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Anyone carve a Stingray?

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  • DLarabee
    replied
    Do a small one first to wrap your head around the shape and intricacies, and also have some practice on finishing options. Something very large can add some stress as far as time consumption in the details, sanding and finishing work. (It's a bigger canvas to ruin with a single error). I think the key to how well this will come out is going to be in sanding the finish glossy-smooth. I'm looking forward to seeing what you end up with.

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  • lionslair
    replied
    Originally posted by lionslair View Post
    Having lived in the South Pacific for a while (High School & AFRS) The size of Sting Rays range from palm to 6feet (2M) across the wings. Manta ray is even larger. Do a search (Stingray Fish Sizes Chart) and there are a number of pictures and charts. The tail is complex since it has a deadly stinger. Pictures show the shape of tail and will help. Size is customer determined/use. Martin
    https://images.search.yahoo.com/yhs/...&hsimp=yhs-004

    I think a lot of that is physical size of page to fit it in - this is a results page - look at what you like and select. Martin - thought I had already. Hum.

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  • lionslair
    replied
    Having lived in the South Pacific for a while (High School & AFRS) The size of Sting Rays range from palm to 6feet (2M) across the wings. Manta ray is even larger. Do a search (Stingray Fish Sizes Chart) and there are a number of pictures and charts. The tail is complex since it has a deadly stinger. Pictures show the shape of tail and will help. Size is customer determined/use. Martin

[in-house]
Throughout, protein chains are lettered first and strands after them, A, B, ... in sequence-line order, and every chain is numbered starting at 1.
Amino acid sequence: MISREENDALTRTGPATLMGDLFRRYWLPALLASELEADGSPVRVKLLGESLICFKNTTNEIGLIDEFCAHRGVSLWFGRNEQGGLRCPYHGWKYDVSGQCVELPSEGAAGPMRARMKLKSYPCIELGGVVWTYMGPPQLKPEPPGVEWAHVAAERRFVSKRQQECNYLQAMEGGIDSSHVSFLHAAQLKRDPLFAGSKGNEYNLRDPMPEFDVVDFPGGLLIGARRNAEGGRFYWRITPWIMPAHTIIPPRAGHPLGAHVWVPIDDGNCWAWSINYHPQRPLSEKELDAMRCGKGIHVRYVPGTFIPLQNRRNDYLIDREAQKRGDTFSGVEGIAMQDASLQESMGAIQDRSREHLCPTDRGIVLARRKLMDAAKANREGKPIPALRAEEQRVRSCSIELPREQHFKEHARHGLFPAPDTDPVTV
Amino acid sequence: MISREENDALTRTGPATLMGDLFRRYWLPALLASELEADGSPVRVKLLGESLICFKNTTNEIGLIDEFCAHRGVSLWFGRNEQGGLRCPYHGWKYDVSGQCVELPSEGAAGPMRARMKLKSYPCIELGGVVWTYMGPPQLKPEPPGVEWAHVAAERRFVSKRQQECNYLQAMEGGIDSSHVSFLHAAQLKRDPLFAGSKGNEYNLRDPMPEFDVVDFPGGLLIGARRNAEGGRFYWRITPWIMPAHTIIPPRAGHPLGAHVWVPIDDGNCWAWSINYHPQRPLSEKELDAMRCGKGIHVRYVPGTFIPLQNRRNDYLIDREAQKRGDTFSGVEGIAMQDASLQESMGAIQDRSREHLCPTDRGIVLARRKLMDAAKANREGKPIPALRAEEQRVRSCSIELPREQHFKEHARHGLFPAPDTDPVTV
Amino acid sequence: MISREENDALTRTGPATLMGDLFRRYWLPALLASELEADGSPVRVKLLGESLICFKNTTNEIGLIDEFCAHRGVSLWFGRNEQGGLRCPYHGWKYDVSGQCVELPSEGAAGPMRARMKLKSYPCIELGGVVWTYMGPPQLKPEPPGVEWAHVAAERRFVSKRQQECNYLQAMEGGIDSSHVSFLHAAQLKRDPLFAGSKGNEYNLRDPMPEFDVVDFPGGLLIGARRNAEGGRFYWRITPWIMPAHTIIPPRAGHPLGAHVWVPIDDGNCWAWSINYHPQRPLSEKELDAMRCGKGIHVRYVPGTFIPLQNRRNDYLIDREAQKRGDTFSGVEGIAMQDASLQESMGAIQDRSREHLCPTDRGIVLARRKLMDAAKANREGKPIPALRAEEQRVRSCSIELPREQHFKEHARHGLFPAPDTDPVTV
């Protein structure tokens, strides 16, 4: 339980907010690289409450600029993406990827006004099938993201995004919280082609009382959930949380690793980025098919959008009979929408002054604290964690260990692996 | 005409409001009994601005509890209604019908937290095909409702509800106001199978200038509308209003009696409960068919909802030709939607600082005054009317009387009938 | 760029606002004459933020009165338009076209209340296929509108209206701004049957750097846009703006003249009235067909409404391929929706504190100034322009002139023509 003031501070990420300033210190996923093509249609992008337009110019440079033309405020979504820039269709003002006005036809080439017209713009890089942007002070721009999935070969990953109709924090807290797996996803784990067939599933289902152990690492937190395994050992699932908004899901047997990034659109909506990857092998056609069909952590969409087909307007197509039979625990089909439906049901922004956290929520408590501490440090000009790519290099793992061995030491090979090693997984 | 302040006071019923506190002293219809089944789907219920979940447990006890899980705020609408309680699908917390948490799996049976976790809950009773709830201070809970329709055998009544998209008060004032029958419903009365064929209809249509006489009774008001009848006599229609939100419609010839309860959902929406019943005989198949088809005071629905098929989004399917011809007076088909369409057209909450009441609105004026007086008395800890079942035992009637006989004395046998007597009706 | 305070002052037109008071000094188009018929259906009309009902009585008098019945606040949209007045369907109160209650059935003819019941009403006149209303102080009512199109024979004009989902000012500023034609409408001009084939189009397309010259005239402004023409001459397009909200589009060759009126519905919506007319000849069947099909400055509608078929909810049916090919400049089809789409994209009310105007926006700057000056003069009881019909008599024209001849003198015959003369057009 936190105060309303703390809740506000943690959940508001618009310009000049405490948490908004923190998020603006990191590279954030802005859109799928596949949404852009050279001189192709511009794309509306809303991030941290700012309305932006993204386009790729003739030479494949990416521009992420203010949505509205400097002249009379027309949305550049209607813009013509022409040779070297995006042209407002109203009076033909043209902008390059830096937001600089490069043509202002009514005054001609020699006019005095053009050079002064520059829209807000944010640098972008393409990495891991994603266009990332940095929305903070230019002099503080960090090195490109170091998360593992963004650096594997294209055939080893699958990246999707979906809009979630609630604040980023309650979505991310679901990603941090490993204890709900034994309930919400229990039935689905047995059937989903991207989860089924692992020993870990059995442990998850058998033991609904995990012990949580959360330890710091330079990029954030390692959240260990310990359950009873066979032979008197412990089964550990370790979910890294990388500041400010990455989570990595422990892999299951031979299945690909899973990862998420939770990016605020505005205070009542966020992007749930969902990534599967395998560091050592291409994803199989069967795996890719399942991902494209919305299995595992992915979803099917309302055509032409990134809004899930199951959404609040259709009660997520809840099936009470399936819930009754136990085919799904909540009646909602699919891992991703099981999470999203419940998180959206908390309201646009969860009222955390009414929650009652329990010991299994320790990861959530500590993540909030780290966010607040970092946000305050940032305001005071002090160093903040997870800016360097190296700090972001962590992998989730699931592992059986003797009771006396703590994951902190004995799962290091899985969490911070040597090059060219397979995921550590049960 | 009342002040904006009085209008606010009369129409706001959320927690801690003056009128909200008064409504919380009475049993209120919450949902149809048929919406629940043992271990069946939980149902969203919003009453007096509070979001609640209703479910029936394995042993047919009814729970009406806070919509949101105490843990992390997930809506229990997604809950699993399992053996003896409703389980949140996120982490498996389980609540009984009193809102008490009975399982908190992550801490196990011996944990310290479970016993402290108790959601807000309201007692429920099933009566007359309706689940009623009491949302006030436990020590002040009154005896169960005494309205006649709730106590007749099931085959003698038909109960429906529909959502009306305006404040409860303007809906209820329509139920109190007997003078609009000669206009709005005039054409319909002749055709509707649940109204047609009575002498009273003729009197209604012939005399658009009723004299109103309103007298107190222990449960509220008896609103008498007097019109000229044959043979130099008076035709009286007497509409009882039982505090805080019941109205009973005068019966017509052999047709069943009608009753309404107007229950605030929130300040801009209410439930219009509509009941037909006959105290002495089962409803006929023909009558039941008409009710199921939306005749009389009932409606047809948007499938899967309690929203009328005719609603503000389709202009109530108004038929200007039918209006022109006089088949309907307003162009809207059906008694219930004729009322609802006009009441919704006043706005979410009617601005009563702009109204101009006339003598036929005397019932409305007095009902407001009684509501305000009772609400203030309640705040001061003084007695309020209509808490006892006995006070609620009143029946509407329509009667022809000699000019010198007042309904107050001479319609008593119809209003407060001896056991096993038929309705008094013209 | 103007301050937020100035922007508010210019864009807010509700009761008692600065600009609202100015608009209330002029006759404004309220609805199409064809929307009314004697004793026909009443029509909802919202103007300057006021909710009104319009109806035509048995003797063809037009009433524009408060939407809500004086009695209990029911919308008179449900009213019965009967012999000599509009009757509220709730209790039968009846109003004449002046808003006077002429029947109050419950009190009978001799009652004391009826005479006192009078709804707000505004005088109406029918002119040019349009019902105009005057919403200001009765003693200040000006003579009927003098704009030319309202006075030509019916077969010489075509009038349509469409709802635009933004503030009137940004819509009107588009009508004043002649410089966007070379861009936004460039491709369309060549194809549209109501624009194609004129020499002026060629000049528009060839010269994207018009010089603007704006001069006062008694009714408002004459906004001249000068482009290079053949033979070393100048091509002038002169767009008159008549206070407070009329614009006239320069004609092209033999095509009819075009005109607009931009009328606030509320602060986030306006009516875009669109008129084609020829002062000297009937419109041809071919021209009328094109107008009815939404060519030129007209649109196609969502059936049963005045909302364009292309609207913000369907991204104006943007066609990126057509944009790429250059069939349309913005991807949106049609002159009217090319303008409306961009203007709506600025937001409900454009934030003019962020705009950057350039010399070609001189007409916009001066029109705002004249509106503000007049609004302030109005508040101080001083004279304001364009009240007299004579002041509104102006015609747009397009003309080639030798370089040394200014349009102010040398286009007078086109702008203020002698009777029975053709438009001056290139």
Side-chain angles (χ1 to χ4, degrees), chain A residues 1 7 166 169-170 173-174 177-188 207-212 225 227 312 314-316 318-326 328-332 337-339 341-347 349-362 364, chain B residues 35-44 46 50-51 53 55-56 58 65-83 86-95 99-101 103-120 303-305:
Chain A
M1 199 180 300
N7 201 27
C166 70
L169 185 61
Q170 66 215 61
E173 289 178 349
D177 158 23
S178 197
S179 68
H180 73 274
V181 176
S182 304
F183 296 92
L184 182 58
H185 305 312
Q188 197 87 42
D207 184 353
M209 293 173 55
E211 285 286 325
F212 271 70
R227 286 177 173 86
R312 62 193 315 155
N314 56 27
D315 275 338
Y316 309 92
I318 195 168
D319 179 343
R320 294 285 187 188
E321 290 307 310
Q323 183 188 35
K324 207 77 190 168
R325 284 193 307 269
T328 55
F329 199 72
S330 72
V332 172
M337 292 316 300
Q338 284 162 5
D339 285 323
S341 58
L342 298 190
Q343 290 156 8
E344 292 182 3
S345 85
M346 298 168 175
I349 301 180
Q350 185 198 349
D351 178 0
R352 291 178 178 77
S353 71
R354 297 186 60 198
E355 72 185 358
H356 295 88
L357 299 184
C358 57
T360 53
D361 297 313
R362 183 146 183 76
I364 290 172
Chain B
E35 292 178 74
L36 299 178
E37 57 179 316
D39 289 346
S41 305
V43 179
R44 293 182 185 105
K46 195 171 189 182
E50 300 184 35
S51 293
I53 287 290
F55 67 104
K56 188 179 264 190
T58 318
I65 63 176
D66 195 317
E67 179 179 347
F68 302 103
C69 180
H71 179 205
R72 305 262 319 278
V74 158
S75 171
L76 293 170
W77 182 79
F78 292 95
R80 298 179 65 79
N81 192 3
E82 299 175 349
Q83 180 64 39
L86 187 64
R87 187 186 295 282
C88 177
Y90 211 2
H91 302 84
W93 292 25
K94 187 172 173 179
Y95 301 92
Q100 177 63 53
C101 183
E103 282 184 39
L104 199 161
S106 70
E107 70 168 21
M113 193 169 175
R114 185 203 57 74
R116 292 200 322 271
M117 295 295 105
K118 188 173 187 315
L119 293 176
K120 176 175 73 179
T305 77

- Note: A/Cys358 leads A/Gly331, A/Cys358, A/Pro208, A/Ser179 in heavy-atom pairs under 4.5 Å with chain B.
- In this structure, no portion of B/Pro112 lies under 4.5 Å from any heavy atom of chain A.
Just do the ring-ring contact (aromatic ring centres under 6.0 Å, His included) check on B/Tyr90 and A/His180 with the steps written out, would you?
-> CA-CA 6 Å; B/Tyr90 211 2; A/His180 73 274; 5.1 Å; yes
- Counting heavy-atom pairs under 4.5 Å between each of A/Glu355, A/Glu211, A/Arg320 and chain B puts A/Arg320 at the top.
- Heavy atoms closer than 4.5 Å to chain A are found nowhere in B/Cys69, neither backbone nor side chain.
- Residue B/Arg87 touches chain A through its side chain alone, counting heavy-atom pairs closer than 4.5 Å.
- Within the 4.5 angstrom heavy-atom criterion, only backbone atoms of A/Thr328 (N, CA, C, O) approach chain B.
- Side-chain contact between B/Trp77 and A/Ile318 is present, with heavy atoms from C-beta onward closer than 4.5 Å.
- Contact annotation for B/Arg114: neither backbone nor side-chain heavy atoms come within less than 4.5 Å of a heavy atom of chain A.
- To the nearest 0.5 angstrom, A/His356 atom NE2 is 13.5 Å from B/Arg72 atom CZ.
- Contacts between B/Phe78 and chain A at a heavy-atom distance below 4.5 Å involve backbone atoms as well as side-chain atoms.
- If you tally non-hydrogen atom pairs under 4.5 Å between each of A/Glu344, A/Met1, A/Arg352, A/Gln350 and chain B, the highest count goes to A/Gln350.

Leave a comment:


  • JWood
    replied
    Originally posted by pallin View Post
    The answer will depend on where and how it will be displayed. Some of the woods mentioned are special because of the grain figure, but if you plan to paint or stain the carving the grain is less important. It looks like the grain direction should run from head to tail, so the tail might be attached as a separate piece to avoid a lot of waste wood. Keep us involved as you proceed.

    I have no experience with a turboplane for carving, but for some woods like maple, going in the wrong direction will splinter the surface.
    Oh good...I get the "where you going to put that thing" routine before I even start! Stole the office projector and put it on an old big maple crotch slab project that was abandoned. I want to go big, but I had this turtle incident. It is soft maple, which for some reason is not soft, but know I can work it.

    should I Go big, or settle down?

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  • pallin
    replied
    The answer will depend on where and how it will be displayed. Some of the woods mentioned are special because of the grain figure, but if you plan to paint or stain the carving the grain is less important. It looks like the grain direction should run from head to tail, so the tail might be attached as a separate piece to avoid a lot of waste wood. Keep us involved as you proceed.

    I have no experience with a turboplane for carving, but for some woods like maple, going in the wrong direction will splinter the surface.
    Last edited by pallin; 11-01-2017, 02:40 PM. Reason: added comment

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  • JWood
    started a topic Anyone carve a Stingray?

    Anyone carve a Stingray?

    I have a sudden need to turn a slab into a stingray...perhaps like the picture. Is this a good idea for one with limited experience? What about that tail.....would you stick that on later?

    I have a huge catulpa tree slab - not sure how that will carve with the turboplane though. Also have walnut, cherry, and maple slabs....whats best? I like cherry (especially after that dang willow).
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